I was born in 1955 and now live in Liège, Belgium. In short, I have lived a full life, with a permanent attraction to the arts. I am an artist specializing in photography, graphic arts and decoration. In 2000, the ax fell. My diagnosis: Parkinson's disease.
I continued my career, trying to act as if nothing had changed, but things did change. The disease was gaining ground, the honeymoon period was over and the side effects grew more and more significant. In 2011, I had to end my career for health reasons.
I then sought another artistic approach that allowed me to express myself while struggling against the progression of Parkinson's disease and in perfect accordance with the team of neurologists who tracked its state.
My discovery of cardboard and the potential of this complex medium changed the course of my existence. I produced tables from this material and my works were attracting growing interest. Exhibitions followed in Belgium and abroad to France, London and New York in 2015. An atypical artist was born!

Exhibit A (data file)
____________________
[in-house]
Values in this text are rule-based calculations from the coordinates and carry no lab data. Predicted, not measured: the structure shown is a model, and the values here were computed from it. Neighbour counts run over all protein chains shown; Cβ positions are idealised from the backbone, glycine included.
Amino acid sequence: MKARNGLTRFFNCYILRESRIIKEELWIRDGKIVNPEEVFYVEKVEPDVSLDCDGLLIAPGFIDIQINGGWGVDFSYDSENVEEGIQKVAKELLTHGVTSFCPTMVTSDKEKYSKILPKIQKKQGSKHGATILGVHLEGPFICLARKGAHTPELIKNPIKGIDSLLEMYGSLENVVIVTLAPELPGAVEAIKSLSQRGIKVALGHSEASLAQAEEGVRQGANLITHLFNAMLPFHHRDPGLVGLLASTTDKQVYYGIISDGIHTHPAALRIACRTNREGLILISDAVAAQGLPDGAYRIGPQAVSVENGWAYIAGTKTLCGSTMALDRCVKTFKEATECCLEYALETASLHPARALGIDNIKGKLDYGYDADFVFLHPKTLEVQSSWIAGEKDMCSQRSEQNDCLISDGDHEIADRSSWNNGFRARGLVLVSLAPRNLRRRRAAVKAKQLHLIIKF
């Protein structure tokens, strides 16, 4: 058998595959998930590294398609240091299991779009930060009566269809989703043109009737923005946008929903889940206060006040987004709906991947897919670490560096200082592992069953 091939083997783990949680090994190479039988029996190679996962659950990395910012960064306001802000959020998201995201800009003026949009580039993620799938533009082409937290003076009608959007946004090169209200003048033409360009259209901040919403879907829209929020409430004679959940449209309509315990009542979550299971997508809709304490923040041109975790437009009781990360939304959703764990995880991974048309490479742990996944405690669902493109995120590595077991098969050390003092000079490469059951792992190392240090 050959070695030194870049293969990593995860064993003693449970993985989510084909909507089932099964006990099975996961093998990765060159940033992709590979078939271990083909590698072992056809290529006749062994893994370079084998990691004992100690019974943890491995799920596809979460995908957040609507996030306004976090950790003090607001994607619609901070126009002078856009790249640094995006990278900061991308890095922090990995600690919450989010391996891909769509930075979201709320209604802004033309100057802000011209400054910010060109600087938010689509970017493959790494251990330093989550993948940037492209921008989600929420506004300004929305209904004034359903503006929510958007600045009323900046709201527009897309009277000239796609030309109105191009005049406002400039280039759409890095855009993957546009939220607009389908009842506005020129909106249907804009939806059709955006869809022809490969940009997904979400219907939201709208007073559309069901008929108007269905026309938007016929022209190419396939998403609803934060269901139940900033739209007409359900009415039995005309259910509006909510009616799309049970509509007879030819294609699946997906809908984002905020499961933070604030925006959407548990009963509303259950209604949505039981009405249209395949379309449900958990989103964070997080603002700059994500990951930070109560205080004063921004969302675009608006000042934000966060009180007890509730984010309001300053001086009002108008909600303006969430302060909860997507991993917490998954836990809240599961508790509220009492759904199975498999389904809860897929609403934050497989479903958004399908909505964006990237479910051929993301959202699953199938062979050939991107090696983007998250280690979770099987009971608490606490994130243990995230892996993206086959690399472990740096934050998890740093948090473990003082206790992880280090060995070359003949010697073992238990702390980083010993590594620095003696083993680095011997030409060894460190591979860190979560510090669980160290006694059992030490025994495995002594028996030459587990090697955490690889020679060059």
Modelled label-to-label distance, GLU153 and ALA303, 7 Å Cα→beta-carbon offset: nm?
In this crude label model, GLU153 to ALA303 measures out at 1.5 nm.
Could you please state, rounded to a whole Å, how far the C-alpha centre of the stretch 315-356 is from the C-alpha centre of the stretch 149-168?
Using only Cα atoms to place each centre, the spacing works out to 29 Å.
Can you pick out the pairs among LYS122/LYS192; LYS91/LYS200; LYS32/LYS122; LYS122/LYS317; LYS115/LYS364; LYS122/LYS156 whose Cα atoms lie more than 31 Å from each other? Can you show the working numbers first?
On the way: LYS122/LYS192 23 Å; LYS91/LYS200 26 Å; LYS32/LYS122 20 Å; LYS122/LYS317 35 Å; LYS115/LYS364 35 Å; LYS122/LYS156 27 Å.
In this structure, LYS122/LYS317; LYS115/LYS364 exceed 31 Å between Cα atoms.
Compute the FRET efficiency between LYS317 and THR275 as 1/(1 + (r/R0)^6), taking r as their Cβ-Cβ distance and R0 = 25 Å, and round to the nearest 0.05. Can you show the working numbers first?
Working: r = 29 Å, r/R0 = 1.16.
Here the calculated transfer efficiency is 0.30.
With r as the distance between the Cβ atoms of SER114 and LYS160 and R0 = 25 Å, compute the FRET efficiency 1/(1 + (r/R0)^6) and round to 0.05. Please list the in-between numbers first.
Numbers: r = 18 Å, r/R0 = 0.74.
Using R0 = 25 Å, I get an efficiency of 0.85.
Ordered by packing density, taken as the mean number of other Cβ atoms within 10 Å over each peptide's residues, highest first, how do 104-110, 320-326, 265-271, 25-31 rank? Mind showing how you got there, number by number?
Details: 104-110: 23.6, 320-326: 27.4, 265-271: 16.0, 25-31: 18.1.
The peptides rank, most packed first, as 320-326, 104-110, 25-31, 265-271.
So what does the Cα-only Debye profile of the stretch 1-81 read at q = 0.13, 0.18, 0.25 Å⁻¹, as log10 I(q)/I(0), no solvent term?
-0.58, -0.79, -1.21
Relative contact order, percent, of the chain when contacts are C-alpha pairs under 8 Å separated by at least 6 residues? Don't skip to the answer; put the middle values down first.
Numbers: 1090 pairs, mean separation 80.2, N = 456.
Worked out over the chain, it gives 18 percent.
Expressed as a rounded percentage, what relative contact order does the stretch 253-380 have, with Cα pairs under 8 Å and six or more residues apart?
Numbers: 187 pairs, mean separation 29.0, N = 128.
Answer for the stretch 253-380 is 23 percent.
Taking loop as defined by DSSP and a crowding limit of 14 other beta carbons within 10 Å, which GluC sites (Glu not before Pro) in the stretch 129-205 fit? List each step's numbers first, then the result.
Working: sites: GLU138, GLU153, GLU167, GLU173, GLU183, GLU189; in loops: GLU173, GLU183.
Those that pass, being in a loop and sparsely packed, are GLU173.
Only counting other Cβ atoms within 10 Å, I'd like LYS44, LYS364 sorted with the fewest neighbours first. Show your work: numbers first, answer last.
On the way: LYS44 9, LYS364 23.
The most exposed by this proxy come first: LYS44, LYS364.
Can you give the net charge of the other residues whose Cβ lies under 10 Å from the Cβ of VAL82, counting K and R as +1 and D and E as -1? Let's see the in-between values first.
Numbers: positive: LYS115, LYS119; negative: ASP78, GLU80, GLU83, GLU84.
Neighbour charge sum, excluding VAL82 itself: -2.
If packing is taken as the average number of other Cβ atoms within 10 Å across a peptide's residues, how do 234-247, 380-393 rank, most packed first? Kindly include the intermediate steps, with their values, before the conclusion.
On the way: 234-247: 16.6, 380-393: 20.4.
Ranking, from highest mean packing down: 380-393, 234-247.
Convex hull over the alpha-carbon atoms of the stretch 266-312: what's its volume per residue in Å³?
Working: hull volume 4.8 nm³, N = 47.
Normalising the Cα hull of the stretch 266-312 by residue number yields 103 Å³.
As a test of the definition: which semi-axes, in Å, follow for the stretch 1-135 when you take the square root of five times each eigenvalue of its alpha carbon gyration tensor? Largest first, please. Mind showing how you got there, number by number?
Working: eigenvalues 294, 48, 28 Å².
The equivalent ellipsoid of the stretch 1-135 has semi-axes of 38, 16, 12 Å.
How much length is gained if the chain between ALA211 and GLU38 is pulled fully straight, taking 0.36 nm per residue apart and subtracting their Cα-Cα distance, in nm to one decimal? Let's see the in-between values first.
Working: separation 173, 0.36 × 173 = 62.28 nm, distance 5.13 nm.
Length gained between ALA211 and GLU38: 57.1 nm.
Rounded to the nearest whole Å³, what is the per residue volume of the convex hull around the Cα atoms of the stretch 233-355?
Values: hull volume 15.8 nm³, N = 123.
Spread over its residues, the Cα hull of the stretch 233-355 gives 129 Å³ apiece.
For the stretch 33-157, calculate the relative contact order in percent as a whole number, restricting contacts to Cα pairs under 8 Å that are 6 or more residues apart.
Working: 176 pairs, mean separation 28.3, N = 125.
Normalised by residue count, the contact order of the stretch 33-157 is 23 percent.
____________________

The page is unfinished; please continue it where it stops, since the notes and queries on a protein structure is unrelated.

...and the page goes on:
Although I am an artist, I am also a patient who must take into account my Parkinson’s, or "Miss Parki" as I call it, with whom I have to negotiate constantly. So I adapted. I reduced the length of my work sessions, started taking naps, accepted help to mount exhibitions and organized my trip to the U.S. with the help of a medical team.
In November 2014, I underwent deep brain stimulation surgery and was implanted with a brain stimulator. I began feeling much better, despite frequent disruptions in my speech. The amount of medicine I take has fallen sharply since surgery and therefore their side effects as well, allowing me hope to continue my artistic research for many years.
I was trained in photography (I was a pupil of Hubert Grooteclaes), graphic arts and decoration. I have worked in these sectors and in advertising as a production manager, while being a lecturer at various institutes.
My work can be seen at the Agora Gallery in New York City.